The world's largest social network is building an archive of federal election ads that have run on Facebook. But the database will go further than that.
Facebook CEO Mark Zuckerberg announced new rules on Friday designed to bring more transparency to political ads as critics argue the social network was used as a tool for Russian meddling in last year's presidential election.
One of the planned changes includes Facebook building an archive of federal election ads that have run on its network. The archive will provide information on how much money political advertisers spent for each ad, the number of impressions the ad garnered and demographic information about the audience the ad reached. The archive is intended to help counter complaints that Facebook hasn't done enough to curb misinformation distributed on its network, which reaches 2 billion people a month.
But the archive won't only include federal election ads. Facebook also told CNET it's actively working on having the database include ads related to state and local elections in the US. The database is supposed to be up and running by the mid-term elections in November 2018.
After Facebook first announced the new ad rules, Democratic State Sen. Todd Kaminsky of New York, who authored a bill demanding more transparency around political ads, said the change didn't go far enough.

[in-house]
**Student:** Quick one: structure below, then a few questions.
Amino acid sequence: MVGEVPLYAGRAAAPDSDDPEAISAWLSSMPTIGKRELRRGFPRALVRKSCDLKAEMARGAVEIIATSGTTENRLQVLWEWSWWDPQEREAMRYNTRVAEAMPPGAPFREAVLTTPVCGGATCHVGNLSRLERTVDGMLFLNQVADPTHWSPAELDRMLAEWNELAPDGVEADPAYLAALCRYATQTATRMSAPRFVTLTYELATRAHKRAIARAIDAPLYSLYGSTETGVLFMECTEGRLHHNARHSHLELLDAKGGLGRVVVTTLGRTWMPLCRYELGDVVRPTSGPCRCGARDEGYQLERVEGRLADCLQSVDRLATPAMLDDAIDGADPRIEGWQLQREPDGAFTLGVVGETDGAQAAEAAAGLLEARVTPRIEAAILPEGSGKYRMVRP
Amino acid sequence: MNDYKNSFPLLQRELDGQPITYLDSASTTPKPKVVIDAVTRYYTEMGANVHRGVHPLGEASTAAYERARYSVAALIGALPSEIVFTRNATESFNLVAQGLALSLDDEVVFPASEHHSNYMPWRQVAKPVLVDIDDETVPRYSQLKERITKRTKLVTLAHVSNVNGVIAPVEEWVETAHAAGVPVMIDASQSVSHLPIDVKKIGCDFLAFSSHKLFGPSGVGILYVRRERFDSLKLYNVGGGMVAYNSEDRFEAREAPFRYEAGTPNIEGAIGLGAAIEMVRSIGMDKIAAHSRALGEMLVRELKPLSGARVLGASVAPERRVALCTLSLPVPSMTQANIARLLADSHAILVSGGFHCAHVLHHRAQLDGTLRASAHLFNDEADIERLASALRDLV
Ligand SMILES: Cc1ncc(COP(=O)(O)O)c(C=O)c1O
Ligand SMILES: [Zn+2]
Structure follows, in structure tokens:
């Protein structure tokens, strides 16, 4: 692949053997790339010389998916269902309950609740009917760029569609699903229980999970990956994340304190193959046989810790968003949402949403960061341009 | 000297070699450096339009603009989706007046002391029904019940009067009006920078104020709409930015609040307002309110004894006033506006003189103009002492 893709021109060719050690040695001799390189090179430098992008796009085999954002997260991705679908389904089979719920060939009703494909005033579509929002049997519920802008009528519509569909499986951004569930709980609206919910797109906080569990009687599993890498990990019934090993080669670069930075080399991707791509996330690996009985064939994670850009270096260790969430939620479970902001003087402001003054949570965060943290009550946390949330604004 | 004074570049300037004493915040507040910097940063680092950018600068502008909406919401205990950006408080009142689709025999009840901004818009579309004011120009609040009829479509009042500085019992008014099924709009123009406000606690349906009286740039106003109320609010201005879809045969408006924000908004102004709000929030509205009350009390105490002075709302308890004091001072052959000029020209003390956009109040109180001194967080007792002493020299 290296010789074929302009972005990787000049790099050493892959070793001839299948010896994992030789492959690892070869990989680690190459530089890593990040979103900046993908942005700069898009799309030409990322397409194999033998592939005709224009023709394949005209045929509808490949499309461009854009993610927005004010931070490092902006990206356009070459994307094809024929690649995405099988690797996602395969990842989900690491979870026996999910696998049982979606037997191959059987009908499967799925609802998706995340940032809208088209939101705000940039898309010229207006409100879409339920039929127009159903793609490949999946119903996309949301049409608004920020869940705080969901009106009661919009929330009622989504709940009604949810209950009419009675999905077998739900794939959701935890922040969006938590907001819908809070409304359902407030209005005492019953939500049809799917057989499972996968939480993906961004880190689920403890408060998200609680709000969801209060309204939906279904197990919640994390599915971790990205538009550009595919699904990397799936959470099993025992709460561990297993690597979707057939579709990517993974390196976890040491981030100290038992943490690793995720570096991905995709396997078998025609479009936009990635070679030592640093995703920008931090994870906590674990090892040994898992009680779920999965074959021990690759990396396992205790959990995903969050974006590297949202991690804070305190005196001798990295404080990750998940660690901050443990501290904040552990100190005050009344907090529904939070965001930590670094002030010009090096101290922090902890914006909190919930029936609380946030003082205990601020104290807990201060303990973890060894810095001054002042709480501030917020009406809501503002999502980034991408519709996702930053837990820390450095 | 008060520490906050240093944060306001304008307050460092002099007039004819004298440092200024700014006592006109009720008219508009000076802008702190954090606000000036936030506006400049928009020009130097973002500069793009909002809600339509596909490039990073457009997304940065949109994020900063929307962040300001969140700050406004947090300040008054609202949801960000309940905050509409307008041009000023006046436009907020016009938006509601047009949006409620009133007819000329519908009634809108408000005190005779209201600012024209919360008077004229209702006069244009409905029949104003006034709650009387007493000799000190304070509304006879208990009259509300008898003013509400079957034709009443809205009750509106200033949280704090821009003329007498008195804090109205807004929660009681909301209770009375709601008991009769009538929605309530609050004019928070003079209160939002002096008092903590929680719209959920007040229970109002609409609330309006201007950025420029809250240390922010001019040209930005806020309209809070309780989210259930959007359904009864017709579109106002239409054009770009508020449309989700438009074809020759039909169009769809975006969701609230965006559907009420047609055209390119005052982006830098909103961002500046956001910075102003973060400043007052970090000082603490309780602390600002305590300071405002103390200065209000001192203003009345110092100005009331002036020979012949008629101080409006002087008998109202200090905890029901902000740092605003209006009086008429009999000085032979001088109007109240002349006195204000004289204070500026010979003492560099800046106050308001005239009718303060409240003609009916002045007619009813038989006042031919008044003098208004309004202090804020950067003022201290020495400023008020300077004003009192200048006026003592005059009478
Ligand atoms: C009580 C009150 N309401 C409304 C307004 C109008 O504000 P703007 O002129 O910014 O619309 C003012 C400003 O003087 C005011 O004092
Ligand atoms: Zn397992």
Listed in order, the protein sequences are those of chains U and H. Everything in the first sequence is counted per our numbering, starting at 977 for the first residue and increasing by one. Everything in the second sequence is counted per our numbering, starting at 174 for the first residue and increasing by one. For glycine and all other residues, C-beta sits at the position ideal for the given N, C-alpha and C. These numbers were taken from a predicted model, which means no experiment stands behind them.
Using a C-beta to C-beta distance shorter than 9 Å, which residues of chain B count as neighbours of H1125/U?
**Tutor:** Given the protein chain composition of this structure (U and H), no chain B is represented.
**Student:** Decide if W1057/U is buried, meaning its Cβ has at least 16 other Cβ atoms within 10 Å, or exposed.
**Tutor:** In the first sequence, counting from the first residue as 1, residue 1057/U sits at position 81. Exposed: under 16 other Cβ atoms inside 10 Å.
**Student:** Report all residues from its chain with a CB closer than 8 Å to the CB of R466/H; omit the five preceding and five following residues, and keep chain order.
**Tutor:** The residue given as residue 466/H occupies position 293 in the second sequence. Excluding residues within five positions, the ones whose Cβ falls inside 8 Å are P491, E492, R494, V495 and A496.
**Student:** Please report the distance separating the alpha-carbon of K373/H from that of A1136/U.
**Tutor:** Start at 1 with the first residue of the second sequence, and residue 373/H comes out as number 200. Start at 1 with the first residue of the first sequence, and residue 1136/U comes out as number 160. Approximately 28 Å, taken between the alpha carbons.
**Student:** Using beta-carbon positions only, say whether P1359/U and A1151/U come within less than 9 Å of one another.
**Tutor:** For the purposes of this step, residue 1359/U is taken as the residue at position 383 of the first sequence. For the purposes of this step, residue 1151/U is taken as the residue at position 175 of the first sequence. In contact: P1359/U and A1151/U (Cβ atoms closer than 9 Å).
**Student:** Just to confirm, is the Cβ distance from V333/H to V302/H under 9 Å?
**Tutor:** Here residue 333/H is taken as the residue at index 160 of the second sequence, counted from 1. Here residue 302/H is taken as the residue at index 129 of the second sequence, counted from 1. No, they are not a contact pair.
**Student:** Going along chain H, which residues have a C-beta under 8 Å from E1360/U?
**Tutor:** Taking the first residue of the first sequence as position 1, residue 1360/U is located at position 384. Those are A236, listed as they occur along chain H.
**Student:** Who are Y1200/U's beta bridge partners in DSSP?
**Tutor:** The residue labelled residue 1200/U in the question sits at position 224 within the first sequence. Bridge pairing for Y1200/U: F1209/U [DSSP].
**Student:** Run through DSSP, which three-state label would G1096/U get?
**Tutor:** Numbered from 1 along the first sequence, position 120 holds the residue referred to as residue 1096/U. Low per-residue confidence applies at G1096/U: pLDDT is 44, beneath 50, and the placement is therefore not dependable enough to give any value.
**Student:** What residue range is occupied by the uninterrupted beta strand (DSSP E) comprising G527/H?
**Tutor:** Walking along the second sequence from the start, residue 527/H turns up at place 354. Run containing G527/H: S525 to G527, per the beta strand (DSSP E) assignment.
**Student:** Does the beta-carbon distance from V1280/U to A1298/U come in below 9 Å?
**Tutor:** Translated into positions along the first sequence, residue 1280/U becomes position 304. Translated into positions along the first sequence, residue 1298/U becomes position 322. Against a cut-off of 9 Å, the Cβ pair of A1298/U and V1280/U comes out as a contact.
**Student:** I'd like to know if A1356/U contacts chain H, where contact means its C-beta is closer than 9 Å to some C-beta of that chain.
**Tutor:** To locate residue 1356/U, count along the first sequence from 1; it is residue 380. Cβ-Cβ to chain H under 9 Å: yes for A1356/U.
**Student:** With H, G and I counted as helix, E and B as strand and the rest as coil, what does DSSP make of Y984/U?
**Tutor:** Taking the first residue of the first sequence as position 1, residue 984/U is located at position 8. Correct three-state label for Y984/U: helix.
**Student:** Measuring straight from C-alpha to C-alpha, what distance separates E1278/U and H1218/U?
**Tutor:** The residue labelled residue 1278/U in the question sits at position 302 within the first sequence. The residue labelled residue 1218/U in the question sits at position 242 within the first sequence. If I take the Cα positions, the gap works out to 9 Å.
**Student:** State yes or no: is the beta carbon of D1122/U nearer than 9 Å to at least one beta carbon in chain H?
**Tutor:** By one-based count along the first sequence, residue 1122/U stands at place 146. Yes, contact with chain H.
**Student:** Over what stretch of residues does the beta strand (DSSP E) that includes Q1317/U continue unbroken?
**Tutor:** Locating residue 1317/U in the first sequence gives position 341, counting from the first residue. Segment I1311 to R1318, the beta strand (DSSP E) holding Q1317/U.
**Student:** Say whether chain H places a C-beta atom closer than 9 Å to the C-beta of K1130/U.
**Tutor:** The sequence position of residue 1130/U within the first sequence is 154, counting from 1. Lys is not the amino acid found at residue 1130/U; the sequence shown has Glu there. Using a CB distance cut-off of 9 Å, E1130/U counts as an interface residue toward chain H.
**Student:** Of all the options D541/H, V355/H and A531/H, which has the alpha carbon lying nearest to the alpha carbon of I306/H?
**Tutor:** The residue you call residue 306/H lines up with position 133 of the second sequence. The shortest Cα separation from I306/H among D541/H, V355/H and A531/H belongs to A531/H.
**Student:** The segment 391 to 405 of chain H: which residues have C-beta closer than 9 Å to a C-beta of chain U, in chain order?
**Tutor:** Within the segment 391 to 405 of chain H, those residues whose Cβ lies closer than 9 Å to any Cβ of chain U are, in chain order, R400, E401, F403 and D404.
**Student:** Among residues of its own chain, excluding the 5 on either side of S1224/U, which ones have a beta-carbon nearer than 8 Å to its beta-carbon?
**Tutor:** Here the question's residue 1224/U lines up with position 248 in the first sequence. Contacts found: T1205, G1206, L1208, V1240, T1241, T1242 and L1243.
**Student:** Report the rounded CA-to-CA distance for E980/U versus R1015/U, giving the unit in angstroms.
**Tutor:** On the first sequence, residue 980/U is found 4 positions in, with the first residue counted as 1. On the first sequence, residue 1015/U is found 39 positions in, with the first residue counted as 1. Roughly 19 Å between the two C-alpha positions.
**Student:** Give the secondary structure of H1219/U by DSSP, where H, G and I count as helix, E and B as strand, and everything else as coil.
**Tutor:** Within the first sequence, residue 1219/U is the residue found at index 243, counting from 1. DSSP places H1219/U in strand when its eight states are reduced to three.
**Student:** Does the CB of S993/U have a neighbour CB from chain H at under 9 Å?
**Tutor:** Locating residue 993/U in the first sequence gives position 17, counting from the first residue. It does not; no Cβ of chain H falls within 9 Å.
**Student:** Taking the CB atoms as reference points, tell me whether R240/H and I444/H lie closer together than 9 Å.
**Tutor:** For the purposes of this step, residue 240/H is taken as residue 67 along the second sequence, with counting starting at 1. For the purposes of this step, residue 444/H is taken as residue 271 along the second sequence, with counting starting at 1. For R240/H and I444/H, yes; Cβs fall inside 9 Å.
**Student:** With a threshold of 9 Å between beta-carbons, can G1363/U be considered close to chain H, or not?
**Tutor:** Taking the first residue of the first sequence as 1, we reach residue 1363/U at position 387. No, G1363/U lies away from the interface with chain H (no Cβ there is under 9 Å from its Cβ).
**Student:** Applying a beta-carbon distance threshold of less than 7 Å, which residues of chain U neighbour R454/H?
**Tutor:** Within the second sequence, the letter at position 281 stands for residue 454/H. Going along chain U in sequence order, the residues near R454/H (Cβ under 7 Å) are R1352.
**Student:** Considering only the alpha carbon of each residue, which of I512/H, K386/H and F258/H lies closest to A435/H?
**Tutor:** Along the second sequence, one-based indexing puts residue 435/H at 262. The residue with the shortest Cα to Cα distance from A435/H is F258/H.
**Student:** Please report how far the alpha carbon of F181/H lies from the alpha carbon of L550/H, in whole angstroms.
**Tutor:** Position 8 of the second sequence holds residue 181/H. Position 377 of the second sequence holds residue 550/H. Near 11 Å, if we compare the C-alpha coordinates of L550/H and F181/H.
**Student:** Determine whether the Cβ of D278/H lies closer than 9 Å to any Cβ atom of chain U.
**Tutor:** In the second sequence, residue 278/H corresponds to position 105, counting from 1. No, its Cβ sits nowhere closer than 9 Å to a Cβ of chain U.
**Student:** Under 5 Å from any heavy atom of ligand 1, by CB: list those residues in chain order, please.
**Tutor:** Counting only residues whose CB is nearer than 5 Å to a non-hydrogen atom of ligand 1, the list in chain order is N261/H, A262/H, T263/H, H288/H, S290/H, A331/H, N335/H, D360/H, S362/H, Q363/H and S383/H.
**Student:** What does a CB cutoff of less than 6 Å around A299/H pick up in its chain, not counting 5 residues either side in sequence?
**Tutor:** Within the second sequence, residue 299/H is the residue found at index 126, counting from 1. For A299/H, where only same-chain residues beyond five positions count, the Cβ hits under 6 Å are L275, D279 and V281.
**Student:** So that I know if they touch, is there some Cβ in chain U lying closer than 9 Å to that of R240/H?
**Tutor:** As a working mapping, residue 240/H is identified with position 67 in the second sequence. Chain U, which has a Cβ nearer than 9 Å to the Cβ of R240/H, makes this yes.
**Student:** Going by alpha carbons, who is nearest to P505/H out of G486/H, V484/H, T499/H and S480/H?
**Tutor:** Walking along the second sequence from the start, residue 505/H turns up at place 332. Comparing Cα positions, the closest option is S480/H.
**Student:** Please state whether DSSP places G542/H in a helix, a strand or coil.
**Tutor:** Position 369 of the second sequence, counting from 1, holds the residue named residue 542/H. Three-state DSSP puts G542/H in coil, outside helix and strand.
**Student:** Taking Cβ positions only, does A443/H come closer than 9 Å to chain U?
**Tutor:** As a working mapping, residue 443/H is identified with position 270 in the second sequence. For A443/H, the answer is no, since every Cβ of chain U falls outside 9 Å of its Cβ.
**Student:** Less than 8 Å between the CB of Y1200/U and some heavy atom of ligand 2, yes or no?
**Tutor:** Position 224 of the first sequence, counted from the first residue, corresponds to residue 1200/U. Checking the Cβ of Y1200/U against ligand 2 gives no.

"I am disappointed that Facebook's policy changes do not impact state and local elections," he said in a statement earlier today. "As the victim of malicious, false, and anonymous political advertising, I know that voters deserve information on who is targeting them so that they can properly evaluate the messages they receive."
When Kaminsky first introduced his bill earlier this month, a Facebook spokesman said the company was "open to reviewing any reasonable proposals." Kaminsky didn't immediately respond to a request for comment about Facebook's decision to include state and local ads.
Facebook's policy comes days before the company, along with rivals Google and Twitter, are scheduled to testify in hearings before the Senate and House intelligence committees. On Wednesday, lawmakers will grill the tech giants on how Russian agents might have used their platforms to spread misinformation and meddle with last year's US presidential election.
Other changes announced by Facebook on Friday include a "paid for by" label that will accompany political ads, which people can tap on to view more information. While Facebook hasn't disclosed how many employees check ads today, Zuckerberg said Facebook is adding "thousands" of people to its ad review teams.
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